I already discussed how free will does not appear as much a crucial conundrum, if seen from the point of view of Indian philosophy, which in general silently embraces compatibilism (between determinism and free will).
In addition to the general points already brought forward, it is worth remembering that Mīmāṃsā authors in general tend to favour accounts which mirror one's experience. If, for instance, one experiences one's cognition of a chair one gradually distinguishes in a dark room as a ''sense-perception'', there should be very strong reasons to refute it this status (see Taber 2005, discussing this point in Kumārila). Similarly, since we obviously feel that our will has a role in the process of undertaking an action, Mīmāṃsakas do not dispute this. Unlike their Western colleagues, Mīmāṃsā philosophers do not question the degree of freedom of the decisions one experiences as free. They do not, e.g., argue for the fact that our experience of freedom might just be an epiphenomenon accompanying the process of undertaking an action, or that our experience of freedom might be in fact a fake, since our decisions are completely determined by who we are, which is a priori determined by facts we cannot interfere with, such as genes and early education. The fact that decisions are experienced as free is enough for Mīmāṃsā authors to treat them accordingly.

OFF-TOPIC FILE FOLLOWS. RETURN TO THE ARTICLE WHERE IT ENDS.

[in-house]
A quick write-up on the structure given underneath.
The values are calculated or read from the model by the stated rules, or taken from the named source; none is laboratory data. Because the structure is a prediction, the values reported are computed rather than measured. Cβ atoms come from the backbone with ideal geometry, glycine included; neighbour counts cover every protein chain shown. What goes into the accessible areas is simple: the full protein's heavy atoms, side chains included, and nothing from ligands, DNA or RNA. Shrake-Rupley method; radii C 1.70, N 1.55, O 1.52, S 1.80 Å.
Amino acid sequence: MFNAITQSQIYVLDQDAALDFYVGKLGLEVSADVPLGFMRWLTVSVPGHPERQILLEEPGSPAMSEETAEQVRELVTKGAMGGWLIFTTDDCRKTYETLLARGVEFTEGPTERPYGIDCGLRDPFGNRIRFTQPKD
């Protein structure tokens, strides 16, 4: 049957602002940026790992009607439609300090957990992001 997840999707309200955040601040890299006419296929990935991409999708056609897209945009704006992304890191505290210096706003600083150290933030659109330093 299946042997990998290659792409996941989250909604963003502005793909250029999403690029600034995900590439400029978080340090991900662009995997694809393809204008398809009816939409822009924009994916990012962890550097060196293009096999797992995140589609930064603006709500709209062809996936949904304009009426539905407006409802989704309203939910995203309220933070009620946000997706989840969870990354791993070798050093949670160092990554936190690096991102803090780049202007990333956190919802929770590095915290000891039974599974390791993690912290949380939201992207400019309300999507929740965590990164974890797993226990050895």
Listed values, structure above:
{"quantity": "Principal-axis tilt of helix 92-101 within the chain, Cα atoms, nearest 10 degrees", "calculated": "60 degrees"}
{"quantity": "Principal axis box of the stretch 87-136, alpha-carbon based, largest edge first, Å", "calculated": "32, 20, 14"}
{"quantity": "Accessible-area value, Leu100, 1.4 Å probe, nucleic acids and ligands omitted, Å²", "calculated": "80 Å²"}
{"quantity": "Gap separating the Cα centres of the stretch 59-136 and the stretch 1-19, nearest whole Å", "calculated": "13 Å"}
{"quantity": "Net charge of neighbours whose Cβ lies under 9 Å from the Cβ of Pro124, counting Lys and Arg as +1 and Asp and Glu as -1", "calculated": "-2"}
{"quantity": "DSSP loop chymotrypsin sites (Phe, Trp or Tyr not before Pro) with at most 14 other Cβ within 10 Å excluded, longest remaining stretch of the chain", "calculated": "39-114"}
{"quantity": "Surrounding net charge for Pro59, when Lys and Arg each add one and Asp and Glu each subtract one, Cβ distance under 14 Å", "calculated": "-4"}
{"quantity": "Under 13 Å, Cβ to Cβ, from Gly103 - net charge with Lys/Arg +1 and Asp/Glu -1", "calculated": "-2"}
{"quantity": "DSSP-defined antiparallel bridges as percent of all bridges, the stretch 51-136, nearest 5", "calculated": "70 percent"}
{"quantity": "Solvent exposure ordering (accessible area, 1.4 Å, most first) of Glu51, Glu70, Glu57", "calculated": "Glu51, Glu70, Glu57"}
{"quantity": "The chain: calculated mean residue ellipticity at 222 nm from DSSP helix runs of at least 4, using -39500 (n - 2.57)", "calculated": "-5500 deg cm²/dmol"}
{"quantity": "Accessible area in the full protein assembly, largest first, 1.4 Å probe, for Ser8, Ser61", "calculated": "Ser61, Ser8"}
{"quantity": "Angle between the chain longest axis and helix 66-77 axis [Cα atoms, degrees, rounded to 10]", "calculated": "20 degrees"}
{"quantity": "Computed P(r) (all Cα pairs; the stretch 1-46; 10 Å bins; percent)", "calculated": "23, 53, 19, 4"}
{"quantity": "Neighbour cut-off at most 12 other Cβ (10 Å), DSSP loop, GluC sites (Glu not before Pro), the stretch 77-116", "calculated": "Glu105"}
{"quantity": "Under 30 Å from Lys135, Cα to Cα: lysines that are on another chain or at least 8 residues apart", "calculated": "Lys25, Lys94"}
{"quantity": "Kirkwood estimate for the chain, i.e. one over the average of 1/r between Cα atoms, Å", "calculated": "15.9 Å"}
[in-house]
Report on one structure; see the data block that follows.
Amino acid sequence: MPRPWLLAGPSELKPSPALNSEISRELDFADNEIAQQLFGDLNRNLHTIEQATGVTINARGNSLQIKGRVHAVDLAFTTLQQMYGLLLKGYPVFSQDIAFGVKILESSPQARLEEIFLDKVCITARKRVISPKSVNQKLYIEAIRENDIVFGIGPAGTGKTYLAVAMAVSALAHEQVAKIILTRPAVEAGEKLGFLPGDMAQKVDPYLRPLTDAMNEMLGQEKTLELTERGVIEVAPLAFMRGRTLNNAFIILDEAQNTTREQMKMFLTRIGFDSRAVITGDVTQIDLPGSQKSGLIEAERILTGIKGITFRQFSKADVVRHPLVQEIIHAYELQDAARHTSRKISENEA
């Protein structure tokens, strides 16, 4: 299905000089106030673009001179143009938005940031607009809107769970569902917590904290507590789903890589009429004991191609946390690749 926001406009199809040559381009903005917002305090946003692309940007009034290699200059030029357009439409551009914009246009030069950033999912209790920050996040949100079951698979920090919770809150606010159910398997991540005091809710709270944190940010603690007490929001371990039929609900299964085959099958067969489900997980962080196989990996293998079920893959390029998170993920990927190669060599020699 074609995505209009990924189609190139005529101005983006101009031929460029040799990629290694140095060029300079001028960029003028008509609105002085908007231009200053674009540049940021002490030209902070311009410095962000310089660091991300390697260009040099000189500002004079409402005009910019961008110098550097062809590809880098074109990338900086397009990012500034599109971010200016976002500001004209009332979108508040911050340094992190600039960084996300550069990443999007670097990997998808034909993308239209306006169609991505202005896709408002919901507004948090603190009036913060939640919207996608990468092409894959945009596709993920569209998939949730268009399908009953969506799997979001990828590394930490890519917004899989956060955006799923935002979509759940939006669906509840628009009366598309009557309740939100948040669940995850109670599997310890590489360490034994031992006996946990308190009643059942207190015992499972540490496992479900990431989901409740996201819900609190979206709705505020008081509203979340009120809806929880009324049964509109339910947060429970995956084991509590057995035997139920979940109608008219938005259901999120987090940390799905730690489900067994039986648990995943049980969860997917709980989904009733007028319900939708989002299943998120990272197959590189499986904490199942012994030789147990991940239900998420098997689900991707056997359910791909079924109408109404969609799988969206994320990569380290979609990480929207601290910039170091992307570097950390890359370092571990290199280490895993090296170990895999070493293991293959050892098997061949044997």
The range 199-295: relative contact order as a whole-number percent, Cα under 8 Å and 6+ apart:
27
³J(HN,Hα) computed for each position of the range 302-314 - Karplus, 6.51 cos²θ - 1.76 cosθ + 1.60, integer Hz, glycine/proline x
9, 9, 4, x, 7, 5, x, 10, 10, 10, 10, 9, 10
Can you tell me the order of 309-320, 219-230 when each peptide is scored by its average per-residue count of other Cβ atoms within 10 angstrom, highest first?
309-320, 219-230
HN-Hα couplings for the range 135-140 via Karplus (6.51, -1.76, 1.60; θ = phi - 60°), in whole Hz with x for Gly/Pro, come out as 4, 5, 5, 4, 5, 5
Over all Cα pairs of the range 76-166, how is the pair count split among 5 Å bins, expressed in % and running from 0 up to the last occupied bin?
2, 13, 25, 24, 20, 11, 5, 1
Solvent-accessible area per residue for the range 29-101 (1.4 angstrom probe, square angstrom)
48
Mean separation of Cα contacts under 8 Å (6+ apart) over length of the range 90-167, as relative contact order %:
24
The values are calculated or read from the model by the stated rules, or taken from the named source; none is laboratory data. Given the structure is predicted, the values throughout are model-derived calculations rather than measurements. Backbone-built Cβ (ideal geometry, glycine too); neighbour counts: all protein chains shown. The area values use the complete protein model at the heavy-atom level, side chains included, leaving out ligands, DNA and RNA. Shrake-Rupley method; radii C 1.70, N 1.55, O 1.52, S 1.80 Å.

Thus, for Mīmāṃsakas the issue of free will strictly depends on how one understands action. Within this framework, one could also just speak of ''will'', since from the point of view of the way a single action is caused, nothing changes if the general laws of the universe allow freedom or not.
On the topic of free will, a very recent article by Johannes Bronkhorst ("Free Will and Indian Philosophy", Philosophia Antiquorum, forthcoming) also argues in favour of an experiential approach. In our experience, we all know what it is to be free and this experience is perfectly compatible with determinism, since (see this post), we would keep on feeling free even if determinism were the case.
On free will in Indian philosophy, see this post (and the others tagged "free will").
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